SAVING THE DUSKY GOPHER FROG
Dusky gopher frogs spend most of their lives underground, in burrows created by gopher tortoises — hence their name — and other animals. In the winter they migrate to temporary ponds to breed, and after breeding, they migrate back to the forested, longleaf-pine uplands. But 98 percent of America’s native longleaf-pine forest has now been destroyed; fire suppression, drought, pesticides, urban sprawl, highway construction and the decline of gopher tortoises have made this frog so rare it now lives in only three small Mississippi ponds.
In early 2002 the dusky gopher frog was listed as an endangered species as a result of a Center lawsuit that brought a large, multi-species settlement. The frog had been a candidate for federal protection since 1983 and was in severe decline. Because the U.S. Fish and Wildlife Service had still failed to designate critical habitat for the frog six years later, the Center filed suit in November 2007 to secure critical habitat beyond the frog’s main home pond. Six months after that, the Service agreed to issue a new determination on critical habitat — but when it had still failed to do so in spring 2010, the Center and the Gulf Restoration Network filed a notice of intent to sue again. A month later, the Service proposed to protect nearly 2,000 acres — and in 2012 it designated more than triple that amount, protecting 6,477 acres. Critical habitat designation should drive reintroduction of the frog into additional ponds within its former range, thus giving it a real shot at survival and recovery.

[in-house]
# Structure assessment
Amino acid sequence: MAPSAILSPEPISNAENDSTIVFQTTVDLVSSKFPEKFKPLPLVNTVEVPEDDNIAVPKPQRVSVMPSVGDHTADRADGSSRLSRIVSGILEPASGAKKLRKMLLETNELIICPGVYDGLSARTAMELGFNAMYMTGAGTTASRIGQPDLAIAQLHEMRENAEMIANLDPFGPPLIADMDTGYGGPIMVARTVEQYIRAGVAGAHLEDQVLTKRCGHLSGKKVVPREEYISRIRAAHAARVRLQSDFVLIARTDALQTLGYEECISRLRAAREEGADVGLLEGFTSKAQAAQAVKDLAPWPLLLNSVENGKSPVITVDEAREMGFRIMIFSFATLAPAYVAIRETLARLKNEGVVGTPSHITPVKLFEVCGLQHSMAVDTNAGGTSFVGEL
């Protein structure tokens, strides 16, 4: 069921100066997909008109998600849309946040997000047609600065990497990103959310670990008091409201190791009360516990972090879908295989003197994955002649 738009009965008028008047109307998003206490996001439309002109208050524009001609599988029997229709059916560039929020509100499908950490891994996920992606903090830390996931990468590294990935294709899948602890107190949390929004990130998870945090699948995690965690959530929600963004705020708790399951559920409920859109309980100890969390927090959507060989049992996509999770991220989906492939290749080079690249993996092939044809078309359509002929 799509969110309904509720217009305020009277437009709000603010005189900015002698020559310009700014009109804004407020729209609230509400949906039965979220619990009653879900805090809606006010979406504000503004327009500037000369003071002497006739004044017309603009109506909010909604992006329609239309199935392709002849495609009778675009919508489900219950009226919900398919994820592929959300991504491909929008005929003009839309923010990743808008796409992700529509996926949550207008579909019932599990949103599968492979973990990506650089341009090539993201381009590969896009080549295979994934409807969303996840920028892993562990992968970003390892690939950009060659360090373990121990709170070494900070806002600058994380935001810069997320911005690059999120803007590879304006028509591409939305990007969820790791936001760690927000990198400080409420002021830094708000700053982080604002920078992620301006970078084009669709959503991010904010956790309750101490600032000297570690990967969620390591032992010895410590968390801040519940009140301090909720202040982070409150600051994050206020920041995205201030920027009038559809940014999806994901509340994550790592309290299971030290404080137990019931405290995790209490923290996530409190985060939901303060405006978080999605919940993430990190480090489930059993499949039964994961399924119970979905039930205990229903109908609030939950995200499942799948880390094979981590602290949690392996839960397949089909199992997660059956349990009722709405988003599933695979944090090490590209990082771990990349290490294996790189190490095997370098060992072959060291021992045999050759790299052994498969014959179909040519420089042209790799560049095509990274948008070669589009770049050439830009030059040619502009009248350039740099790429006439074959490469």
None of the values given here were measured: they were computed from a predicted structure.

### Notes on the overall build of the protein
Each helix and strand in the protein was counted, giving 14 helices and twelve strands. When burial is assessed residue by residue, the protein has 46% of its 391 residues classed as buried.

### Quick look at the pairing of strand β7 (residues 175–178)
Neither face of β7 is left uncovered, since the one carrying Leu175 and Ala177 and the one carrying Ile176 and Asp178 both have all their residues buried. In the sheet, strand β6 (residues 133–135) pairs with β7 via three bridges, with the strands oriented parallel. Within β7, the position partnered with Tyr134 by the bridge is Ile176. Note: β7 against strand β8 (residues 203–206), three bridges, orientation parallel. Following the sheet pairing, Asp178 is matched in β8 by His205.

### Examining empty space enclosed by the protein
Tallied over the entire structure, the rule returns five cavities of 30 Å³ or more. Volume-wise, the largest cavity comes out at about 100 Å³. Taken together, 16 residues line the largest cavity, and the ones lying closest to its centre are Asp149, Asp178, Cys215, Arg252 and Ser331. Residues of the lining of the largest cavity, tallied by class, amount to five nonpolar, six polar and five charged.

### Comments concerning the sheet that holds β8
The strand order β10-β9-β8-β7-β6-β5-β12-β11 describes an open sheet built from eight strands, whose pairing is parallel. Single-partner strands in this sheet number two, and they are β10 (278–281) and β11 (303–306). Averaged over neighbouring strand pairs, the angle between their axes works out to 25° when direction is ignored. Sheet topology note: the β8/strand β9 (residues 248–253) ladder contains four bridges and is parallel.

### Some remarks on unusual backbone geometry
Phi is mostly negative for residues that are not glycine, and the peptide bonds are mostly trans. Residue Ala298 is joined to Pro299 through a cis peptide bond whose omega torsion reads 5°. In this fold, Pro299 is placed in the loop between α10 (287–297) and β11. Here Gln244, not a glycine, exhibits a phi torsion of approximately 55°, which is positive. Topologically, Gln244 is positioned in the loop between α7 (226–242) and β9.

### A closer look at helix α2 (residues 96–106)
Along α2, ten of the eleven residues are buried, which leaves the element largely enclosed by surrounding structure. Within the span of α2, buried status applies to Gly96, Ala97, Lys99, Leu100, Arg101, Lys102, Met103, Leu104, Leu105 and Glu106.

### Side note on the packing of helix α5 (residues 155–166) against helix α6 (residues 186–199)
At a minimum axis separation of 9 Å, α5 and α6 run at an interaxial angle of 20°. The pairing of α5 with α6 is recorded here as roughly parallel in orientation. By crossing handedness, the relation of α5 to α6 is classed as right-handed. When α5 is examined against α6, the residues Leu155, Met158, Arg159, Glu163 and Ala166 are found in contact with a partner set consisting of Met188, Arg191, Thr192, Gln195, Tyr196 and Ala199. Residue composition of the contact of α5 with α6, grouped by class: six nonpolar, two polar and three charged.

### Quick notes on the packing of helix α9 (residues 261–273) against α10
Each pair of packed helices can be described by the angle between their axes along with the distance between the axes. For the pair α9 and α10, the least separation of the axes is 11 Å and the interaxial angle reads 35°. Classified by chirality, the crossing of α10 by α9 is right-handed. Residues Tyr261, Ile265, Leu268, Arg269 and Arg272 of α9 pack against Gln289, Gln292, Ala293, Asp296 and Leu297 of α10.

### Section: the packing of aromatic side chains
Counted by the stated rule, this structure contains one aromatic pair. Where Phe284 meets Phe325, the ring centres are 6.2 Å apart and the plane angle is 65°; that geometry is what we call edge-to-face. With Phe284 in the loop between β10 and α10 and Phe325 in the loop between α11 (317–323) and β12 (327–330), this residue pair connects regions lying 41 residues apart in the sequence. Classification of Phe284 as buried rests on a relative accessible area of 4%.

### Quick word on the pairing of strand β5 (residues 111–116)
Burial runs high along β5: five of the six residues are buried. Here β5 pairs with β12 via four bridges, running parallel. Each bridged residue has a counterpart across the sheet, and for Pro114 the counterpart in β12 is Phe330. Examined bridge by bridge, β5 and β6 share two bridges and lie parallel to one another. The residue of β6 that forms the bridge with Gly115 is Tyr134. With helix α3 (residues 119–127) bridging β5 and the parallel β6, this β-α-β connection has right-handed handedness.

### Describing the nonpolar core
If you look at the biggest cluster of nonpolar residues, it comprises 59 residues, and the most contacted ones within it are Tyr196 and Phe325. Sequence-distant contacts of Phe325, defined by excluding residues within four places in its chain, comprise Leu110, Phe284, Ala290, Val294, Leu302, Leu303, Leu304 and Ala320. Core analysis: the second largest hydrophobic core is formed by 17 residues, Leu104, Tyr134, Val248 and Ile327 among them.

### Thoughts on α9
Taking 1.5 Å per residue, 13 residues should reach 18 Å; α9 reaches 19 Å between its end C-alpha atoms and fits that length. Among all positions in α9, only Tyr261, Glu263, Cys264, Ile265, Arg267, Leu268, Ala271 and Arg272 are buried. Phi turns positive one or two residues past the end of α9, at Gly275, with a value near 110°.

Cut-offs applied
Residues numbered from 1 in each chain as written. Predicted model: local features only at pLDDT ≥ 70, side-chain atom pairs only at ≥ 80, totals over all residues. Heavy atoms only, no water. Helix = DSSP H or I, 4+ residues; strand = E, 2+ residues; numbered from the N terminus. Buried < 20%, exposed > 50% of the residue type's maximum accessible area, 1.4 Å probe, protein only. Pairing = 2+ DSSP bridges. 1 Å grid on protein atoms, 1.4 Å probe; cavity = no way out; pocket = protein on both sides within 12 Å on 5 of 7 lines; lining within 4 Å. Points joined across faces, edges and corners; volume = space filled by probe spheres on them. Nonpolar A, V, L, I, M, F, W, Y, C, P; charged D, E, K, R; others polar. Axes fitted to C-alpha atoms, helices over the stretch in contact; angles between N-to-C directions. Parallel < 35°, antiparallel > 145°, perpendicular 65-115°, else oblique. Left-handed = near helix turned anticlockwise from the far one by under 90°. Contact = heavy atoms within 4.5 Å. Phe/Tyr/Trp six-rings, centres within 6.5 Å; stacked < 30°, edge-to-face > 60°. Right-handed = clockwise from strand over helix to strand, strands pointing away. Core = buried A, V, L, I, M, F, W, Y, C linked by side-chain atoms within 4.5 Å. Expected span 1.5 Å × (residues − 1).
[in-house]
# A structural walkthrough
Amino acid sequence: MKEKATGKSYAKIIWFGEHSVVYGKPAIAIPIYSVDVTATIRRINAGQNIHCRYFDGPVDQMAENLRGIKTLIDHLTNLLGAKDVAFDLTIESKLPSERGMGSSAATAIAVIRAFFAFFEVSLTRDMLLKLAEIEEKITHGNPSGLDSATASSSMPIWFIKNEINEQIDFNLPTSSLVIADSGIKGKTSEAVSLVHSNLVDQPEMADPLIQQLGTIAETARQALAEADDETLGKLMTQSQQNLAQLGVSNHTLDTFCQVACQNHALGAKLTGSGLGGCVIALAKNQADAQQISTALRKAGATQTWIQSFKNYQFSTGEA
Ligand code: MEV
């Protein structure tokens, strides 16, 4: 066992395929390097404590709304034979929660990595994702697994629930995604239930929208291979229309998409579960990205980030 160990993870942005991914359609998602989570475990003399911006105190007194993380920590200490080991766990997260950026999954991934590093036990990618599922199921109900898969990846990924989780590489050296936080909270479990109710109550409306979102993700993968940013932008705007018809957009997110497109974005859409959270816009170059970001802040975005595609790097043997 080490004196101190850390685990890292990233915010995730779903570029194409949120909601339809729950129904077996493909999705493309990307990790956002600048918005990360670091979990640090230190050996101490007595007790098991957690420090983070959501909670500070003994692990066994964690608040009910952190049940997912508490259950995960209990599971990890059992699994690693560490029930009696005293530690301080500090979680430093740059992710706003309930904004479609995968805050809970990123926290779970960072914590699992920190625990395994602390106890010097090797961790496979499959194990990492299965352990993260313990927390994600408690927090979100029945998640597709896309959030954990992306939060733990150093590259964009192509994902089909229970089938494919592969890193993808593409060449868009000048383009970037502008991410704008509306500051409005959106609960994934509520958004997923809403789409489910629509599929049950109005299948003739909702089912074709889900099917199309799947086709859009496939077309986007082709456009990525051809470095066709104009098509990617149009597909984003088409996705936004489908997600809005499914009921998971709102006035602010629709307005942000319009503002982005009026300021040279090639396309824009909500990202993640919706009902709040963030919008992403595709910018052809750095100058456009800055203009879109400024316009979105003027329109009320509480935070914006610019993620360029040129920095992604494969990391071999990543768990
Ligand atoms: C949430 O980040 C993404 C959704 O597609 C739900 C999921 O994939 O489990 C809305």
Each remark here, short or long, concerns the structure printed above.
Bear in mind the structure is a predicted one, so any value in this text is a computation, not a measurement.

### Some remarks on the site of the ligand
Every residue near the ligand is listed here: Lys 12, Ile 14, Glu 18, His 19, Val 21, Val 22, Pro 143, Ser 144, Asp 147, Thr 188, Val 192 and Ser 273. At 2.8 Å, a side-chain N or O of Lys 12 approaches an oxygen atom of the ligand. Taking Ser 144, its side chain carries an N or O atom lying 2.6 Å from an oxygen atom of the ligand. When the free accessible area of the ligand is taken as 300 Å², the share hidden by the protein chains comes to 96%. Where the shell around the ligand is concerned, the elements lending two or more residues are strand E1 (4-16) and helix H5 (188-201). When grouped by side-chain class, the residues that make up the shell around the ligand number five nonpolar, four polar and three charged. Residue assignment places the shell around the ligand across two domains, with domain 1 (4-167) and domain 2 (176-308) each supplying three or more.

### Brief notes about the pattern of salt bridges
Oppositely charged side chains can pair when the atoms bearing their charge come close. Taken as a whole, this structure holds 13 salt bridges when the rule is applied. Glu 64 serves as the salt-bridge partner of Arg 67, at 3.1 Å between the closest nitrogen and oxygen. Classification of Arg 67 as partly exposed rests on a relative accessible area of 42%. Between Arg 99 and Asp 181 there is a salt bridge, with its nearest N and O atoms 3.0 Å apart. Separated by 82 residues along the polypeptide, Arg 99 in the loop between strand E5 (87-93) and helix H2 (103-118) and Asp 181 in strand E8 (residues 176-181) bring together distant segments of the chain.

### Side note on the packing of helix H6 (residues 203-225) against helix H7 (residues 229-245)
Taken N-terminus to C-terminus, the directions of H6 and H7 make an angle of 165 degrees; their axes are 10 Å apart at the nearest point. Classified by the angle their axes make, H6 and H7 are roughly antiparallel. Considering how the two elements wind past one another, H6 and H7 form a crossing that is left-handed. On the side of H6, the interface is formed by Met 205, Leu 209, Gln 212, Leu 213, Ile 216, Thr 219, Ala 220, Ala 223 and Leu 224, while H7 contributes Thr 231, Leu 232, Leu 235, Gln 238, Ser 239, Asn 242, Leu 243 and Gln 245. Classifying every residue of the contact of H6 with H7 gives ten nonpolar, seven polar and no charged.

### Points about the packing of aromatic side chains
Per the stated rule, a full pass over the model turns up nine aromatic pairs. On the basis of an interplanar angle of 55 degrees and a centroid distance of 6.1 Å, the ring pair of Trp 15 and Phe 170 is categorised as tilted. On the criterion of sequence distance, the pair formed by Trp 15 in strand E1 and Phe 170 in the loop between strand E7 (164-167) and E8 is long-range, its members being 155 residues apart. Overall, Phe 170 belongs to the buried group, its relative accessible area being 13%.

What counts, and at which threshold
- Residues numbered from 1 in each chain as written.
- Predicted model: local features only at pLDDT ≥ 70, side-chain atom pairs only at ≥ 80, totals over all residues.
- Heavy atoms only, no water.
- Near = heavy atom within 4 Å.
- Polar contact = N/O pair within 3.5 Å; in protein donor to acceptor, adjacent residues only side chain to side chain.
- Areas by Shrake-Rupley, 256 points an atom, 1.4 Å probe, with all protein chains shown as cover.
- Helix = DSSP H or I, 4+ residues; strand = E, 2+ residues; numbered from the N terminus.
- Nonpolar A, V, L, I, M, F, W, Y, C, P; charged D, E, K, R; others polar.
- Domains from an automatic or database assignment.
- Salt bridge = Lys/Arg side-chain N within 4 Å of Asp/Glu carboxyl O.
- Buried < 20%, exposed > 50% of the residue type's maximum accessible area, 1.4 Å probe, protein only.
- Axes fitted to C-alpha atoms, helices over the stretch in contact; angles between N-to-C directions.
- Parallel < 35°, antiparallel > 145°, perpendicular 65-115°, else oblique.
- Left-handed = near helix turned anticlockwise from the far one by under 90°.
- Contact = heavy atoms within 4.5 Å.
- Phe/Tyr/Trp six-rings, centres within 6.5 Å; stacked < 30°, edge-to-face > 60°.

But the dusky gopher frog still doesn't have a recovery plan, the main tool for identifying actions necessary to save endangered species from extinction and eventually remove their protection under the Endangered Species Act. In late 2012, the Center and Gulf Restoration Network notified the Department of the Interior of our intent to sue over its failure to develop a plan for the frog.
We've also worked to help the dusky gopher frog in other ways.The Center for Biological Diversity, Gulf Restoration Network and Columbus Communities — the developer of a planned community called “Tradition” in Harrison County, Mississippi — signed an agreement to protect habitat for this highly endangered frog outlining steps the parties will take to facilitate a land exchange between the developer and U.S. Forest Service to protect one of the gopher frog’s last remaining breeding ponds.